The last time ND was at the top of the heap, in November 1993, was during what one might call "the Fall of my discontent."  I had washed out of Randolph-Macon College's math department the previous Spring and was trying to make ends meet while holding down two part-time teaching positions.  I was going through a serious crisis of self-doubt without a very strong support system and was very much uncertain as to what the future held.  ND's success on the football field was a welcome distraction.  It culminated with an epic 31-24 upset win over #1 Florida State that pushed the (relatively) lightly regarded Irish into the catbird seat.

I had already experienced a fan's high of sorts earlier in the Fall, as the surprising Phillies stunned the heavily favored Atlanta Braves in the NLCS and went on to face the defending World Series champion Toronto Blue Jays in the Fall Classic. You may remember this as a team of lovable slobs and oddballs, with the likes of John Kruk, Lenny Dykstra, and Mitch "Wild Thing" Williams playing major roles.  No one gave the Phils a tobacco plug of a chance against the lordly Jays, but they overcame a painful 15-14 Game Four loss and staved off elimination with a Game Five victory that took the series back to Toronto.  There, manager Jim Fregosi's stubborn insistence on using an obviously shot Williams as his closer backfired in the worst possible way, with Joe Carter hitting his famous ninth-inning home run to win Game Six and the series.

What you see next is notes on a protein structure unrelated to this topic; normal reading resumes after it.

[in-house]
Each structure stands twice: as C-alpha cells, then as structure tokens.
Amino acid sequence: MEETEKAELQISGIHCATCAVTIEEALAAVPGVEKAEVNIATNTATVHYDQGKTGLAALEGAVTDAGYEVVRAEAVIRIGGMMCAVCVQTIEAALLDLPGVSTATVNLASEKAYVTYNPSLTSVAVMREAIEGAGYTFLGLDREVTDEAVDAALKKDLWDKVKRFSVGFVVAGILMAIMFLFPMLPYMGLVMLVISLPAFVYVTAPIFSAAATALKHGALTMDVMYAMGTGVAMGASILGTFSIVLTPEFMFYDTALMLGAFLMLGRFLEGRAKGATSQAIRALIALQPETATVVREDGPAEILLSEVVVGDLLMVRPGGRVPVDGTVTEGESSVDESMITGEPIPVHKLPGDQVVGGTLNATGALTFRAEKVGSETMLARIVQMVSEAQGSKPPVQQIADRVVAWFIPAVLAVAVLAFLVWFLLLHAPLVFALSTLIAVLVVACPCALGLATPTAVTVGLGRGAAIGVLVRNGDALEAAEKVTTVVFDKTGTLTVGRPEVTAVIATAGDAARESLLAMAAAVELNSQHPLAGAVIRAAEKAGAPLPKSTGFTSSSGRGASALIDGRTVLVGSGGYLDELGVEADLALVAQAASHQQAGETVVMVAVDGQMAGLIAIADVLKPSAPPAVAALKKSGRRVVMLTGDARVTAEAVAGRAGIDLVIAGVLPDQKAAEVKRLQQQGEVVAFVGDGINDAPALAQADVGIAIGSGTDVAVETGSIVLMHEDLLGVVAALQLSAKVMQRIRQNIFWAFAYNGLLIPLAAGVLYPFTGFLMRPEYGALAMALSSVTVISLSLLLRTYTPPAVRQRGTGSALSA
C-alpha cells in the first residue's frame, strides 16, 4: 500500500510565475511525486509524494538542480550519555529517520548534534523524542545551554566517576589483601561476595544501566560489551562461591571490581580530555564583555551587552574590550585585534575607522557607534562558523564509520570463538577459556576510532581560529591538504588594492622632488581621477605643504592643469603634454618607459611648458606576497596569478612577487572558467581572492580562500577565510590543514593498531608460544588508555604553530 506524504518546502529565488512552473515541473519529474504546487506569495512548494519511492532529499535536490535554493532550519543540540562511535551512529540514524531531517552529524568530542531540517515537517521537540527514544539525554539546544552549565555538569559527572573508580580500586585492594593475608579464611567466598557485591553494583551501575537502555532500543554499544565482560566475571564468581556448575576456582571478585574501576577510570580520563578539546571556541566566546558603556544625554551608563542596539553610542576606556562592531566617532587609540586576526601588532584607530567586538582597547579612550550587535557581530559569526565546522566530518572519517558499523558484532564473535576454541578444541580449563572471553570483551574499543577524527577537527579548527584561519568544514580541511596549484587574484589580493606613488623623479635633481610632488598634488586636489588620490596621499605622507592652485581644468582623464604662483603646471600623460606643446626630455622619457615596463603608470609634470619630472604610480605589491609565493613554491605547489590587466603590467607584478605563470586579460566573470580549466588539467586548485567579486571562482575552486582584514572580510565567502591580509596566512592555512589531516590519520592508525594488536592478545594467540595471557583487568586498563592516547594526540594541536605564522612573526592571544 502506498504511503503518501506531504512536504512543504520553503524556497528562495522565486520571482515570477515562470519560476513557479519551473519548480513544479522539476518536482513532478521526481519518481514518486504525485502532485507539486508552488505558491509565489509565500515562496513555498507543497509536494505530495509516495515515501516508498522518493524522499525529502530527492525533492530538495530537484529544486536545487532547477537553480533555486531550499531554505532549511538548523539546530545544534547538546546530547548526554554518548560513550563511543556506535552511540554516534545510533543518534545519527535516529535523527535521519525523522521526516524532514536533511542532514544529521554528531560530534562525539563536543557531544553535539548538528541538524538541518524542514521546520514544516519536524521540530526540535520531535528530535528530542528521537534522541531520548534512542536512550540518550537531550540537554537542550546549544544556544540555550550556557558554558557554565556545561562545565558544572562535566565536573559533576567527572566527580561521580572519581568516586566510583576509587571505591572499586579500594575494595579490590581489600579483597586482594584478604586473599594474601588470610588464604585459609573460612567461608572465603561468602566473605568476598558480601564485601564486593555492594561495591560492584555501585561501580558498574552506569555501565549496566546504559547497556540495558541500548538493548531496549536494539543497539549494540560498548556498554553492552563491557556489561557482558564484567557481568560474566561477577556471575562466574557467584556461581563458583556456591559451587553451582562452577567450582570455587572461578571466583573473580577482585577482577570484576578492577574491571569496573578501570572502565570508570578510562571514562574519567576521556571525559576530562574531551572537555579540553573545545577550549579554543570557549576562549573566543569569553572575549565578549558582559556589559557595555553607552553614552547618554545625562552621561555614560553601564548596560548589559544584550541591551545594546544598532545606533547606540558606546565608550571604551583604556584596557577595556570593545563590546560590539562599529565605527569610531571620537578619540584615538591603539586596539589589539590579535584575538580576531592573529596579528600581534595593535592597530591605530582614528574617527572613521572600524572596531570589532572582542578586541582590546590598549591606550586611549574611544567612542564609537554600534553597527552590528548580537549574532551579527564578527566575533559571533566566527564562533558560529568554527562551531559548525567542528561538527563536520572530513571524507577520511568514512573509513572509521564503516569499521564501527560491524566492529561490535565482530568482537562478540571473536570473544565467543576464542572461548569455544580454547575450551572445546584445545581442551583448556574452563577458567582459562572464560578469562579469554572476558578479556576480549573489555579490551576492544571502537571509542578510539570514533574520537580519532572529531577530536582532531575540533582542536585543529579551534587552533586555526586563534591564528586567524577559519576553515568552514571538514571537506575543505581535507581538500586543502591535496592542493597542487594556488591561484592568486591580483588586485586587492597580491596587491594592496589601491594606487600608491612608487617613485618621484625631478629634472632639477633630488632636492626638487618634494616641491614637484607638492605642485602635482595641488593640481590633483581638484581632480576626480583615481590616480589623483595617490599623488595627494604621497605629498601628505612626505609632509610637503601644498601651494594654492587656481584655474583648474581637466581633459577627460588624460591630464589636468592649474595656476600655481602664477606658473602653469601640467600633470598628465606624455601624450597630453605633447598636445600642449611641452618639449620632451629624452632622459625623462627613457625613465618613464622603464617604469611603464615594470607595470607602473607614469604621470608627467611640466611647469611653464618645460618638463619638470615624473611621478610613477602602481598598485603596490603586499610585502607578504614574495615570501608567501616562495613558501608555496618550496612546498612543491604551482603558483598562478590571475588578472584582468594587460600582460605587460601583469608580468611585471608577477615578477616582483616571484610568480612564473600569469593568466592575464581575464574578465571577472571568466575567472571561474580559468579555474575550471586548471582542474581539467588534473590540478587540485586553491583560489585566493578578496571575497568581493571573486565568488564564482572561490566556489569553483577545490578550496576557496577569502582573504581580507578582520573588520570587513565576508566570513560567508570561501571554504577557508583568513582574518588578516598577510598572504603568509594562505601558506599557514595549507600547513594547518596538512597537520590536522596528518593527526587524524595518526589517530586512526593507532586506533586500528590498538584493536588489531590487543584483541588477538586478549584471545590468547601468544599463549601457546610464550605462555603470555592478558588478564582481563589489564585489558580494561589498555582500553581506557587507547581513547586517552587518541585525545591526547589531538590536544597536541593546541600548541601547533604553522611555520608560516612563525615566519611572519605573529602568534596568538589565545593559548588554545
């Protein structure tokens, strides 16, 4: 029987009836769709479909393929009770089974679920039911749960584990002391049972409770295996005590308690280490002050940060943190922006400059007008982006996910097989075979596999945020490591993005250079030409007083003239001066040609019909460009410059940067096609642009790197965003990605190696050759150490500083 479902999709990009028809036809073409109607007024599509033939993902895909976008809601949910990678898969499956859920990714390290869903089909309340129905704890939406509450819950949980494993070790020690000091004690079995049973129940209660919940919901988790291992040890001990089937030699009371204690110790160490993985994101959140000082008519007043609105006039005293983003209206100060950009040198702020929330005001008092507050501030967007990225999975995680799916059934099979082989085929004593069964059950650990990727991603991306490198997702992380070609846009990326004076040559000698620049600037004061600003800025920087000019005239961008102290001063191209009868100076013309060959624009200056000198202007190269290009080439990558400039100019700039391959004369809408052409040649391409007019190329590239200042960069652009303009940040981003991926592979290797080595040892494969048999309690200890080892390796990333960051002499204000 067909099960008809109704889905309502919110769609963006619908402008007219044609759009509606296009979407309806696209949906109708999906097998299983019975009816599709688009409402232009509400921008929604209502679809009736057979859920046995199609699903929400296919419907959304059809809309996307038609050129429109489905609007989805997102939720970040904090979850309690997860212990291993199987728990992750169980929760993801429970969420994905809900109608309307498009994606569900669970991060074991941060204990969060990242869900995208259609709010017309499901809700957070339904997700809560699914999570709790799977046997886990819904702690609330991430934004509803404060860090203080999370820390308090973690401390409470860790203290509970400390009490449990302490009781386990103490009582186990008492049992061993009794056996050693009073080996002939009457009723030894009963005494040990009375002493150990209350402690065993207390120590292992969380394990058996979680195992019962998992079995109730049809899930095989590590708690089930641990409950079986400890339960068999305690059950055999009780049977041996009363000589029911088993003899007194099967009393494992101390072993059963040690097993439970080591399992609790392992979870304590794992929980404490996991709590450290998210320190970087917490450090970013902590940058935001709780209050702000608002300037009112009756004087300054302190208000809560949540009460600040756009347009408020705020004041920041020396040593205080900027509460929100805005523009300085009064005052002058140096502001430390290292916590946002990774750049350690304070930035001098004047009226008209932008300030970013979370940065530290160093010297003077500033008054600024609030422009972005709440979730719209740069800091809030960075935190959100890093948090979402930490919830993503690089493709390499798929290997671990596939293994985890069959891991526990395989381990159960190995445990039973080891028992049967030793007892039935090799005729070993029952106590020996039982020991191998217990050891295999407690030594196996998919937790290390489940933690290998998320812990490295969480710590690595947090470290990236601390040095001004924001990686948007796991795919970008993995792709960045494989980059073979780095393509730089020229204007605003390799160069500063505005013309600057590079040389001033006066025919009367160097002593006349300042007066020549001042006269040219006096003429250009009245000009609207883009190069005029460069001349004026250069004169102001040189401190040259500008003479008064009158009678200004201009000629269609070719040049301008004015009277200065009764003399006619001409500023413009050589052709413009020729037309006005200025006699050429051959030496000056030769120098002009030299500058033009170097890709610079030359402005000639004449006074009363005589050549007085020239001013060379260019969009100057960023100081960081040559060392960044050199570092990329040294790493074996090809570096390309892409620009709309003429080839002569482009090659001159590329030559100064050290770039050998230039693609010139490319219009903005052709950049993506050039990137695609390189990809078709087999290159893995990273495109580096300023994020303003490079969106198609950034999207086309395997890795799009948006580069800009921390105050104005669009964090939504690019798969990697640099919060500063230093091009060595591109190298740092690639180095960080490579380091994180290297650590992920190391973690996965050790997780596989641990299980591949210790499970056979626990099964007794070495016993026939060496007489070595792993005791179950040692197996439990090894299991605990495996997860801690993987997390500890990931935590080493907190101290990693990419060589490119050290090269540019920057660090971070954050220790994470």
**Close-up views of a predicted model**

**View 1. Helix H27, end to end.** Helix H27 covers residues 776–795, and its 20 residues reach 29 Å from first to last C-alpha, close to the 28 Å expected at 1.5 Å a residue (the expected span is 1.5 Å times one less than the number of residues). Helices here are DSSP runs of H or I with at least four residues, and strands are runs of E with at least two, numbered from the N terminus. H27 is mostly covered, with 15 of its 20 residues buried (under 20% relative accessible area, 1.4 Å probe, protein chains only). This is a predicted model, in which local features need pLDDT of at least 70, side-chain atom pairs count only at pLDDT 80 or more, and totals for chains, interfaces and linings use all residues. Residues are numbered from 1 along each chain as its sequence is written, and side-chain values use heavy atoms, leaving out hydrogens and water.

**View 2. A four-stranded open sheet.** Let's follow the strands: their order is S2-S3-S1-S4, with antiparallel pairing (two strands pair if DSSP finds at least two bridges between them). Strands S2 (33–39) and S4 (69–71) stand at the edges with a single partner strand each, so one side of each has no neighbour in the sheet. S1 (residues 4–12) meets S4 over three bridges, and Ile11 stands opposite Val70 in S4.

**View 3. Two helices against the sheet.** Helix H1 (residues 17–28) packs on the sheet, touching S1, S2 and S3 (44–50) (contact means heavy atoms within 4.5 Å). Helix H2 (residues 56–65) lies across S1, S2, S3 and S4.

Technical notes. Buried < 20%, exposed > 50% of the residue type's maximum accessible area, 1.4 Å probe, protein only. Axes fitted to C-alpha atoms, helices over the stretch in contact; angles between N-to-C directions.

As hard as the Phillies' loss was for me to take, I had to admit that the Blue Jays were the better team.  Notre Dame didn't appear to have that problem as it played its last regular-season game against Top-20 Boston College.  But, suffering the (non-blessed) mother of all letdowns, ND was completely outplayed and fell behind 38-17 before a desperation comeback...

... and, while I was able to get off the deck and secure a full-time job at Virginia State a few months after this, it's taken the ND football program almost two decades to recover.  Hopefully, a loss to USC this Saturday won't morph into another 20-year sojourn in the wilderness.

Friday, November 16, 2012

DUCKTALES RETROSPECTIVE: Episode 18, "Horse Scents"

It's one thing for a DuckTales episode to be inspired by tropes from a Hanna-Barbera cartoon. Richard Merwin certainly was when he constructed the plots of episodes like "Ducks of the West" and "Back Out in the Outback" as homages to Scooby-DooIt's entirely another for a DT ep to respire BECAUSE of an actual Hanna-Barbera EPISODE PLOT.  Such is the case with "Horse Scents," in which the late Earl Kress, an H-B authority of long standing, boldly swiped in a manner that no other DT writer had, or ever would, "swope" before.  His inspiration: an episode of Top Cat entitled "The $1,000,000 Derby," first broadcast in the Fall of 1961.  (Of course, I wasn't around to see this ep during its original run, nor did I watch Top Cat enough in syndication to ever run across it.  Joe Torcivia originally drew my attention to it.)